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Andy Adcock

Well-known member
Cyprus
Exactly Andy. The IBW has had quite an intensive campaign ( volunteer hours, funding ) to find conclusive evidence about it's existence for quite a few years exploring old sites, perfect habitat equipped with suitable optics, cameras and audio recording gear, yet still nothing but hypothesis. Even some IBW Pro campaigners here on Birdforum who came in like a lion but left as a lamb......pileated canada bull, truthseeker, Motihal.

I was reading about the Black - Browed Babbler being re discovered after an absence of c.120
years with acompanying images. Fascinating news.
It happens mate.

 

SueO

Well-known member
Hi Dr. Collins.
You have sparked my curious and adventurous spirit. I would very much like to go and experience the Pearl River ecosystem myself. I would like to spend time on the river and absorb its smells, sights, sounds and movement. Of course, I will also be birding. I took cursory look at a few maps, and the river appears to be a bit confusing and has a few forks. Could you please suggest a place to launch? I understand if you PM.
I notice you work(ed) at the Stennis Space Station. I read that you would often go searching for the bird before work, so I figure you must have spent most of your time close to that area. However, that may not be where you observed your bird(s).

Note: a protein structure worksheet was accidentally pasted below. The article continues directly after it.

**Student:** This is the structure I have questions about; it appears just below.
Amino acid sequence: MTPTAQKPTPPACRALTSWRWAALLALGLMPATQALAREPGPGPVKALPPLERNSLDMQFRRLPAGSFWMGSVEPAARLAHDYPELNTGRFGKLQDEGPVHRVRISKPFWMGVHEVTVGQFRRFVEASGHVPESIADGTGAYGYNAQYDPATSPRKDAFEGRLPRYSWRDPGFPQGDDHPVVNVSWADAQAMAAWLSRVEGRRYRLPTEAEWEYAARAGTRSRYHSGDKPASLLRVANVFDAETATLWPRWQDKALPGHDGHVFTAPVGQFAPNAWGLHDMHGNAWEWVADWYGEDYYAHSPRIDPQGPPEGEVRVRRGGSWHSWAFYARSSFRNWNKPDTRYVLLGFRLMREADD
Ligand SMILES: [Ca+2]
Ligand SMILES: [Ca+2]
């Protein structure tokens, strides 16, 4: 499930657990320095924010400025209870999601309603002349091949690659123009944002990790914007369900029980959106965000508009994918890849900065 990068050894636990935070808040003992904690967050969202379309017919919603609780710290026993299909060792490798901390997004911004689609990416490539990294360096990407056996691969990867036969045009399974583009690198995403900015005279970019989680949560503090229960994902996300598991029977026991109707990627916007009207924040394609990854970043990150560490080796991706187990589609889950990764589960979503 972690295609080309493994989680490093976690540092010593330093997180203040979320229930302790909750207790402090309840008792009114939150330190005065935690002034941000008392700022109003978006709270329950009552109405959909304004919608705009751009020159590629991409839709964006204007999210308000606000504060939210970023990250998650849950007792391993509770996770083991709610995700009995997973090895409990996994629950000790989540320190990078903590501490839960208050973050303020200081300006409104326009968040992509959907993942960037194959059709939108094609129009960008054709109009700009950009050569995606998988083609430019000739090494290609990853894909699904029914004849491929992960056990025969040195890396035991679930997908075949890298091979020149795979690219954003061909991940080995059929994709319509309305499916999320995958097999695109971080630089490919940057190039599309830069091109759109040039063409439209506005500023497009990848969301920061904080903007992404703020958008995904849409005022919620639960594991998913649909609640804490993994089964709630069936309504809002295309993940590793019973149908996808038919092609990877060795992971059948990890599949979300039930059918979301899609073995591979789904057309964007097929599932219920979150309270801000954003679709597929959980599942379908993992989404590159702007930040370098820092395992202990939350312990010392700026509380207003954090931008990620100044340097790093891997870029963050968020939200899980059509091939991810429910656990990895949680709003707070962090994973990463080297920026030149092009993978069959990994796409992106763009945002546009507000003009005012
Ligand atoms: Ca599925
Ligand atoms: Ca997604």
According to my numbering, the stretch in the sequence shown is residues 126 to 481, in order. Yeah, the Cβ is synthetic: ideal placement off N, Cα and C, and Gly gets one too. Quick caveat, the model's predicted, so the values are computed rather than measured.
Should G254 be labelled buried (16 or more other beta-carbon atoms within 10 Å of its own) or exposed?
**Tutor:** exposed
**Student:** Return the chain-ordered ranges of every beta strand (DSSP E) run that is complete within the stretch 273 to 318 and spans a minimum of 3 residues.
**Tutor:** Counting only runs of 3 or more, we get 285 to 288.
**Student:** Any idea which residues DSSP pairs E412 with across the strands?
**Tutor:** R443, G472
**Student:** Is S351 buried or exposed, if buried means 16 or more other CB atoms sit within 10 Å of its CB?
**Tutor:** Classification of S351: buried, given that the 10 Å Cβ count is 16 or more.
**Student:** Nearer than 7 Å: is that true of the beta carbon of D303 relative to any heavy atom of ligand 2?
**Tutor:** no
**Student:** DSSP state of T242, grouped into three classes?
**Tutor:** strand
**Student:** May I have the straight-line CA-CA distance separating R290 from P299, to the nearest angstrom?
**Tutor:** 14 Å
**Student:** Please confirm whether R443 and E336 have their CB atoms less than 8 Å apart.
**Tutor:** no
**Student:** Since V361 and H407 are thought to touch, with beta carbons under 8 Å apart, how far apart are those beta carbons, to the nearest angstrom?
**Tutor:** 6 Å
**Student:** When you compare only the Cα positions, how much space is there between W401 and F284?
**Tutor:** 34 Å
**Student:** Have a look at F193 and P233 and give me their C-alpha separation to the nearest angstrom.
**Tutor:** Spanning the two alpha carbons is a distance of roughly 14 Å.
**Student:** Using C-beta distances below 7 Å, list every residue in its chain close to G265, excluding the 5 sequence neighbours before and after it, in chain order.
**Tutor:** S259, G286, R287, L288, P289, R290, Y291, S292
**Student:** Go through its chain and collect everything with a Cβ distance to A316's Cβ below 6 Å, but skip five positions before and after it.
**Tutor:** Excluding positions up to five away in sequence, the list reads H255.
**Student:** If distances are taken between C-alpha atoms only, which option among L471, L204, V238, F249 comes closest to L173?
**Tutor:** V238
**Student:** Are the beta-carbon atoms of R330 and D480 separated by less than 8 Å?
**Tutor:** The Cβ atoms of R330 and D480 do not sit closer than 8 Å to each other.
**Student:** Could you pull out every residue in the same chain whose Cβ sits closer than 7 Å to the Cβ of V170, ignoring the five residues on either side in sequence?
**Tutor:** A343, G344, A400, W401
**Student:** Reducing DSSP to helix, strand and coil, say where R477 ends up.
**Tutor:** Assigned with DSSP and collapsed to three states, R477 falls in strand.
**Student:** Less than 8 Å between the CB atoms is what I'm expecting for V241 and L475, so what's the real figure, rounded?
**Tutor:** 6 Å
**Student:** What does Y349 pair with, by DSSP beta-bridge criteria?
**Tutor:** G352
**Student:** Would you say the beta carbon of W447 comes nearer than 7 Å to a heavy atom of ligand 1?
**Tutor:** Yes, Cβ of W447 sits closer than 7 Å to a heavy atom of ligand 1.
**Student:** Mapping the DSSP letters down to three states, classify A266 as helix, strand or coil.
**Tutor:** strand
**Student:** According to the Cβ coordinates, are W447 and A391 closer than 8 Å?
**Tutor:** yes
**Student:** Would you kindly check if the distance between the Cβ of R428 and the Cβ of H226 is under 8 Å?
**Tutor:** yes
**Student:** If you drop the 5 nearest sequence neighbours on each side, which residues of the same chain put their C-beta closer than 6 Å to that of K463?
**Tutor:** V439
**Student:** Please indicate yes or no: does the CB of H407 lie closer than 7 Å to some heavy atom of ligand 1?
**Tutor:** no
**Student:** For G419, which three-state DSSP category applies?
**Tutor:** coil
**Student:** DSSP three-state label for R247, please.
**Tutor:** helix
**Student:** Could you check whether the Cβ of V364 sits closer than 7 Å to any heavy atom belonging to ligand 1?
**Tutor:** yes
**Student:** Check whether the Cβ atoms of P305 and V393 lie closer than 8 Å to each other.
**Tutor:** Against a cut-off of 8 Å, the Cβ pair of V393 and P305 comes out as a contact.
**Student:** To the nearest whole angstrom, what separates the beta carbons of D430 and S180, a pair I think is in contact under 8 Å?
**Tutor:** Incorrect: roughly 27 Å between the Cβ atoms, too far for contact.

What month do you think would be the best time to visit the Pearl area?
 

chris murphy

Used Register
Also I forgot to add to my previous post but whilst there has been an absolute ton of “sightings” why is it not possible for the people who have supposedly seen them to have gotten a picture of one? Yes it is difficult habitat, but surely an experienced photographer could easily get somewhat of a shot of one?

There's a reason, but it's nothing to do with inexperienced photographers.
 

cyberthrush

Well-known member
For any here who don’t already know, and might be interested, the US Fish & Wildlife Service will be holding a public Zoom meeting next Wed. (Jan. 26) from 7 to 8:30pm EST (not great timing for those of you across the pond) to discuss their recommendation for Ivory-bill de-listing. It requires pre-registration to join. You can read a little more about it in my Jan. 11 posting:

https://ivorybills.blogspot.com
 

400+birder

Well-known member
United States
Mike, I completely believe this is an IB, and much of what you've done has shaped my recent profession career. And I understand that you have been through a lot, to put it briefly. But in your initial post, "it doesn't matter to me what anyone thinks," I hope you recognize overstatement. We're human, we have feelings. Yes, I've had some modifying questions here and there, with my background in natural sciences, but not to negate your work. John